Social Support, Relationships, and Health
by Larry Berkelhammer
(San Rafael, California)
There are many things we can do to improve health. You probably already know about the importance of eating a nutrient-dense diet, stress-management, and getting enough daily exercise and sleep.
What you may be less aware of is the association between social connections and health. Humans are meant to be in community, and the degree of community we experience directly correlates to the degree of health we experience.
Studies of General Morbidity and Mortality
In a very famous epidemiology study, one of the most referenced of its kind because of its impressive sample size, researchers Dr. Lisa Berkman and Dr. Leonard Syme studied seven thousand residents of Alameda County, California. All seven thousand residents were observed for a nine-year period in order to discover all the common denominators among the healthiest residents. The researchers controlled for gender, race, ethnicity, socioeconomic status, alcohol, tobacco, obesity, depression, and medical care.
These were the results:
• The healthiest people were the ones with the greatest quantity and quality of social support.
• The most socially isolated people had the greatest morbidity (rate of disease) and mortality.
• A large social support network and high frequency of contact directly correlated with health and made all the difference between health and illness.
In an eight-year follow-up study with 6,848 of the initial seven thousand subjects, the researchers found results consistent with the initial study: a very strong correlation between the amount and quality of social support and reduced morbidity and mortality of all causes.
Those who lived fairly isolated lives had a mortality rate that was three times greater than that of those with family or friends. It also found a very robust inverse correlation between the quantity and quality of social support and cancer. Those who were most socially isolated had a significantly greater chance of developing cancer and dying from it.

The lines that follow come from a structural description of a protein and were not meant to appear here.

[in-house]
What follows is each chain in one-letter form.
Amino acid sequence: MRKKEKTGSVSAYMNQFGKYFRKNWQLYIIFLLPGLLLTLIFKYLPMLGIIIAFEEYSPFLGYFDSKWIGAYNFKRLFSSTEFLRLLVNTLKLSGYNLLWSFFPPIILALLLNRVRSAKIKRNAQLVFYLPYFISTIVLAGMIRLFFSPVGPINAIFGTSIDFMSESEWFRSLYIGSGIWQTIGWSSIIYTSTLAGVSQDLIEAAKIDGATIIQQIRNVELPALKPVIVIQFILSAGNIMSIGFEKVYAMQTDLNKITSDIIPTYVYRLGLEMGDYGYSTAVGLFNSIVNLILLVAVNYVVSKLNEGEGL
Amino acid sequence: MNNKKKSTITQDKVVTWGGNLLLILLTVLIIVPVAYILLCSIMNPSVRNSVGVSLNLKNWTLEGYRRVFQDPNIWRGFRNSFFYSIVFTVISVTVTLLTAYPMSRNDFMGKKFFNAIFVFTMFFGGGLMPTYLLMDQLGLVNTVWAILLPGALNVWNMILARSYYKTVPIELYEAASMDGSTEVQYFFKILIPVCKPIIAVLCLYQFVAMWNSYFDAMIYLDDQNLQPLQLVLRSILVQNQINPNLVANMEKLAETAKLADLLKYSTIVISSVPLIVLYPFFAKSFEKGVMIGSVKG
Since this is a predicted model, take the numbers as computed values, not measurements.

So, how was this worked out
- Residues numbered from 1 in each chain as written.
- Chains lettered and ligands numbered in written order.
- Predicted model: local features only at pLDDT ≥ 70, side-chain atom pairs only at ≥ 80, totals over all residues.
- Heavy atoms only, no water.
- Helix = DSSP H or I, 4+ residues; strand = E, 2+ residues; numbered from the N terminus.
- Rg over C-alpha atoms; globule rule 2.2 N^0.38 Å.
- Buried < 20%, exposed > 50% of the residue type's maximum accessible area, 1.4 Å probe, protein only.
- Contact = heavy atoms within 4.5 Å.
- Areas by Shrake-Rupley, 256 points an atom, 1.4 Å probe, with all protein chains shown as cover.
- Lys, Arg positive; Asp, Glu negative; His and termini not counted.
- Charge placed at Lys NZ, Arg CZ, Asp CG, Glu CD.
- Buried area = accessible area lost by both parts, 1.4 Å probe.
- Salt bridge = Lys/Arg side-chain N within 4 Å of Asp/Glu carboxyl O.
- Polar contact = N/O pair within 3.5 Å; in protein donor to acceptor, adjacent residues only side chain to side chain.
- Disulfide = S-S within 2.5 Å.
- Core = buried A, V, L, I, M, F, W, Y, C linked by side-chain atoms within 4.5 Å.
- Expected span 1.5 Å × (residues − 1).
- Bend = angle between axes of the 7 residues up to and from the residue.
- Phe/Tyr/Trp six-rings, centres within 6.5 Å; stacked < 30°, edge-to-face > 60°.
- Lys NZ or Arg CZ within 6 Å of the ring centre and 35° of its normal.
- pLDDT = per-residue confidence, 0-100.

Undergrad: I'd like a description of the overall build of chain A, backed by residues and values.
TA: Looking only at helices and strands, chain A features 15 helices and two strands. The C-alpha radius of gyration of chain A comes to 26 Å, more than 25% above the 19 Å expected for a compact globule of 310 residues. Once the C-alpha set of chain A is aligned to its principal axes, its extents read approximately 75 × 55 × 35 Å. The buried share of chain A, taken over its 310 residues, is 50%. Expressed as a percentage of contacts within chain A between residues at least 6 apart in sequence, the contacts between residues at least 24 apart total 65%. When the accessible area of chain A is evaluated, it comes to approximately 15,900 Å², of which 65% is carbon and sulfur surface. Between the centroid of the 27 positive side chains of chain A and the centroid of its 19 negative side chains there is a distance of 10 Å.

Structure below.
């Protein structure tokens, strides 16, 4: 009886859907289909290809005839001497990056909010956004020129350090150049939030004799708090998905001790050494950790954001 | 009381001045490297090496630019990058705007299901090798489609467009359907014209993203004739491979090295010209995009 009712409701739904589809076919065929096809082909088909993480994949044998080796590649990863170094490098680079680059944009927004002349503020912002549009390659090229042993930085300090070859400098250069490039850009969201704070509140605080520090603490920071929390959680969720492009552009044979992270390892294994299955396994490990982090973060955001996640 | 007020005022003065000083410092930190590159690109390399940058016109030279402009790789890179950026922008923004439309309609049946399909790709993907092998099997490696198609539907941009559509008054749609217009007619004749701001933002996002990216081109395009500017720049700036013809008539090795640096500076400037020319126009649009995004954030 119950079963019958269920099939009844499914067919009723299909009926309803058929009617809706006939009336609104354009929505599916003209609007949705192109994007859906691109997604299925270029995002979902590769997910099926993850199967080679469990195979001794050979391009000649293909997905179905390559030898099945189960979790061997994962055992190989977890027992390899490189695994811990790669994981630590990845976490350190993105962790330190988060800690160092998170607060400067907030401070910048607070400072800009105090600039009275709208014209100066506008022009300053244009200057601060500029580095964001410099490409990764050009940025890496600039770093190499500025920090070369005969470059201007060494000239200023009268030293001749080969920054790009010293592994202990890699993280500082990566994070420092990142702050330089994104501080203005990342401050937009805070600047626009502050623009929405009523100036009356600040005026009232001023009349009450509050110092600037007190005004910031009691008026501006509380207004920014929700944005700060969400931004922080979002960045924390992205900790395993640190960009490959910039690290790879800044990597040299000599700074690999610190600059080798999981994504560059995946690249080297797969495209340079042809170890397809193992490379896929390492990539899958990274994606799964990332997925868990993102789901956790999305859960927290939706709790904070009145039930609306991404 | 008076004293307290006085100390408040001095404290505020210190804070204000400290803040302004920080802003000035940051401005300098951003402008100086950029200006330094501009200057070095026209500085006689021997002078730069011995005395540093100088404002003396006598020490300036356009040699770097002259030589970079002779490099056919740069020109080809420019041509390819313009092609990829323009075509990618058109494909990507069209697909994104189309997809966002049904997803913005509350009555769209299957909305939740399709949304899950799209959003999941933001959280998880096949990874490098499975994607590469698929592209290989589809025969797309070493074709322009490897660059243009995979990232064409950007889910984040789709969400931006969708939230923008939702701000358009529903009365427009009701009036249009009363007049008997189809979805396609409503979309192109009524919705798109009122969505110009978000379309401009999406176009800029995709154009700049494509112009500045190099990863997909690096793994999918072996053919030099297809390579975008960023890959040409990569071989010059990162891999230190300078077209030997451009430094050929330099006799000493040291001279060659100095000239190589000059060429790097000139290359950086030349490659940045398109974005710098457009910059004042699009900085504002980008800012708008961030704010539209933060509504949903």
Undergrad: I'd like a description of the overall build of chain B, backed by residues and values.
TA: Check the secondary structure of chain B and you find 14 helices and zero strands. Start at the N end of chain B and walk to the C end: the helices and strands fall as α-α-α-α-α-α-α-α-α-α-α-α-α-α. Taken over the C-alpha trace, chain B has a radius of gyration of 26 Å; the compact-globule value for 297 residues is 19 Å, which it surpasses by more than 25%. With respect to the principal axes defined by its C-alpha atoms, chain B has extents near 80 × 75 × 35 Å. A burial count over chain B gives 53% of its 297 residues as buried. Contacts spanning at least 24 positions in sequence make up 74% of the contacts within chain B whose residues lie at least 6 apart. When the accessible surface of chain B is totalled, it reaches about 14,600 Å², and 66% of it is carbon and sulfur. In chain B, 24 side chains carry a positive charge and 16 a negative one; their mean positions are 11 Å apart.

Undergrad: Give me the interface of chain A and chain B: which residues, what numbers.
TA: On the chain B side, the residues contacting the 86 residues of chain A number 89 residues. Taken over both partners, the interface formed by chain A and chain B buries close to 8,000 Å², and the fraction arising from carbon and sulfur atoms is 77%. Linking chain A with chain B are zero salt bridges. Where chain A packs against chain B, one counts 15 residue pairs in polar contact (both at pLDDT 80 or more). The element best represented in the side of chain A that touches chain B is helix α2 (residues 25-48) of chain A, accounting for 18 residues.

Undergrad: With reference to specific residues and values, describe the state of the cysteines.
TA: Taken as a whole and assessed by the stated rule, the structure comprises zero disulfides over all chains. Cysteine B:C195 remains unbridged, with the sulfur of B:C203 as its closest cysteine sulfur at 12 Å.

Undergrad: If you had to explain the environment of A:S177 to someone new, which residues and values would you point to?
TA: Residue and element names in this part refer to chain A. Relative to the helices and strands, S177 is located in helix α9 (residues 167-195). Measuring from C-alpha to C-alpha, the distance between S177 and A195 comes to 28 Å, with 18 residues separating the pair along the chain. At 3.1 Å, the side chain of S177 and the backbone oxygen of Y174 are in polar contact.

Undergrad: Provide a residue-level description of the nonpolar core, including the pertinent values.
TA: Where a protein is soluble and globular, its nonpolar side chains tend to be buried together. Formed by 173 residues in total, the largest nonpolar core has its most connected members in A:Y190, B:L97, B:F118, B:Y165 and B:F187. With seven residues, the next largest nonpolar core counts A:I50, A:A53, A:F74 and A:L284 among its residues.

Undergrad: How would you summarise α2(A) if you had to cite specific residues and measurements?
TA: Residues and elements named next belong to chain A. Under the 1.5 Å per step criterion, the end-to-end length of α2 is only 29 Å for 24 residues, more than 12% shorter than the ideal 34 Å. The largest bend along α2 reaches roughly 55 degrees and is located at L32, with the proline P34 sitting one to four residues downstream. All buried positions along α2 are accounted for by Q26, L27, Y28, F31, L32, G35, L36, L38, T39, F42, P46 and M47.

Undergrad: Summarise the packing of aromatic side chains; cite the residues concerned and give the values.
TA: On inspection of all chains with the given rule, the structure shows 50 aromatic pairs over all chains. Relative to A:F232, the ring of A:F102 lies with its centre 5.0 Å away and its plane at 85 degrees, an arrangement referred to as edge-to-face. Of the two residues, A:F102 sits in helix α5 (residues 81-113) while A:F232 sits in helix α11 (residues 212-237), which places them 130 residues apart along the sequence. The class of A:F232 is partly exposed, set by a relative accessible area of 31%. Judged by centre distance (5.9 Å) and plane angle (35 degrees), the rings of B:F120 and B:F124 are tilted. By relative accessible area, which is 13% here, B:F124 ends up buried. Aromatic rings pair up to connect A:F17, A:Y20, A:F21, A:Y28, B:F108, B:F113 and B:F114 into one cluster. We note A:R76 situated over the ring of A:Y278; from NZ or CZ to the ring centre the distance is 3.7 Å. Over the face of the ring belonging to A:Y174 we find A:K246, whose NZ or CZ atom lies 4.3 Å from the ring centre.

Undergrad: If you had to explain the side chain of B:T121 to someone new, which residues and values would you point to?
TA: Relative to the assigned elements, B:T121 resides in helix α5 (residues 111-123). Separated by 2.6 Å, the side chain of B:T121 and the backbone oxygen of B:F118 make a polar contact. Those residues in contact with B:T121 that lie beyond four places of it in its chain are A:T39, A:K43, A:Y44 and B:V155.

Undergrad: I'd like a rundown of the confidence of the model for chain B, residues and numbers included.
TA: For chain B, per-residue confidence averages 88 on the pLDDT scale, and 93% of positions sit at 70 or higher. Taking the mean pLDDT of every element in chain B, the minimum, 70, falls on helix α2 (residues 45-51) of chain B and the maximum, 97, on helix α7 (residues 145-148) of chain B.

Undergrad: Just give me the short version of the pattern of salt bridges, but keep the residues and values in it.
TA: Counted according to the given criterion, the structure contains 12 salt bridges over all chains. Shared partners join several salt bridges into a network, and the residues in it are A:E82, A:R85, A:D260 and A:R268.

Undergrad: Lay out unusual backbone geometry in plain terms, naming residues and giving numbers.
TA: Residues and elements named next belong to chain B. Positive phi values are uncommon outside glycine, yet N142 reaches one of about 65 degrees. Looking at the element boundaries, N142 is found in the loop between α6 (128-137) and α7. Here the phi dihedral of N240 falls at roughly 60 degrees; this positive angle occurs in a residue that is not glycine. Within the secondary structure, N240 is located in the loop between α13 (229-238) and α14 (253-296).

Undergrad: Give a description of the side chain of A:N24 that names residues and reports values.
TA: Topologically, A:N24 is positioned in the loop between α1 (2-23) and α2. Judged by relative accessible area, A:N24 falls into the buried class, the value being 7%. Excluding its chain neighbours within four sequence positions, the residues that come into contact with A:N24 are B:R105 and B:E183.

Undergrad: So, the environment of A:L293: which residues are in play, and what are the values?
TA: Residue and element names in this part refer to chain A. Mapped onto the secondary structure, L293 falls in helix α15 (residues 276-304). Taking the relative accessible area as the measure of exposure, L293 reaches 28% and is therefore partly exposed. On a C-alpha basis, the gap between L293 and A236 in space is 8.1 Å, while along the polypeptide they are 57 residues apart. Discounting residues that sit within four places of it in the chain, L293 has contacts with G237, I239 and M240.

In another famous study, epidemiology researcher James House and his team conducted a prospective study of 2,754 residents of Tecumseh, Michigan, observing their social ties and group activities for ten years. This was a very rigorous study in that residents with any medical or psychiatric condition that could possibly interfere with their ability to be active in a social community were excluded. Over time it became clear that people with the greatest participation in a social support network or group were the healthiest.
Those who initially had great support but who, because of various life circumstances, lost their connection to community were found to develop a variety of health problems. Those with the least social support were found to have four times the mortality rate of those with the most support.
Neurobiologist Robert Ornstein and physician David Sobol performed a study involving twenty-five hundred elderly men and women in order to determine the effect of social support on health. At the start of the study, the subjects were interviewed to determine the level of social support each was receiving.
The researchers observed those subjects who were admitted to the hospital following heart attacks. They had controlled for co-morbid conditions (multiple illnesses) and severity of the heart attack. Of the patients who had two or more sources of social support, mortality was 12 percent. The patients with no social support had a 38 percent mortality rate.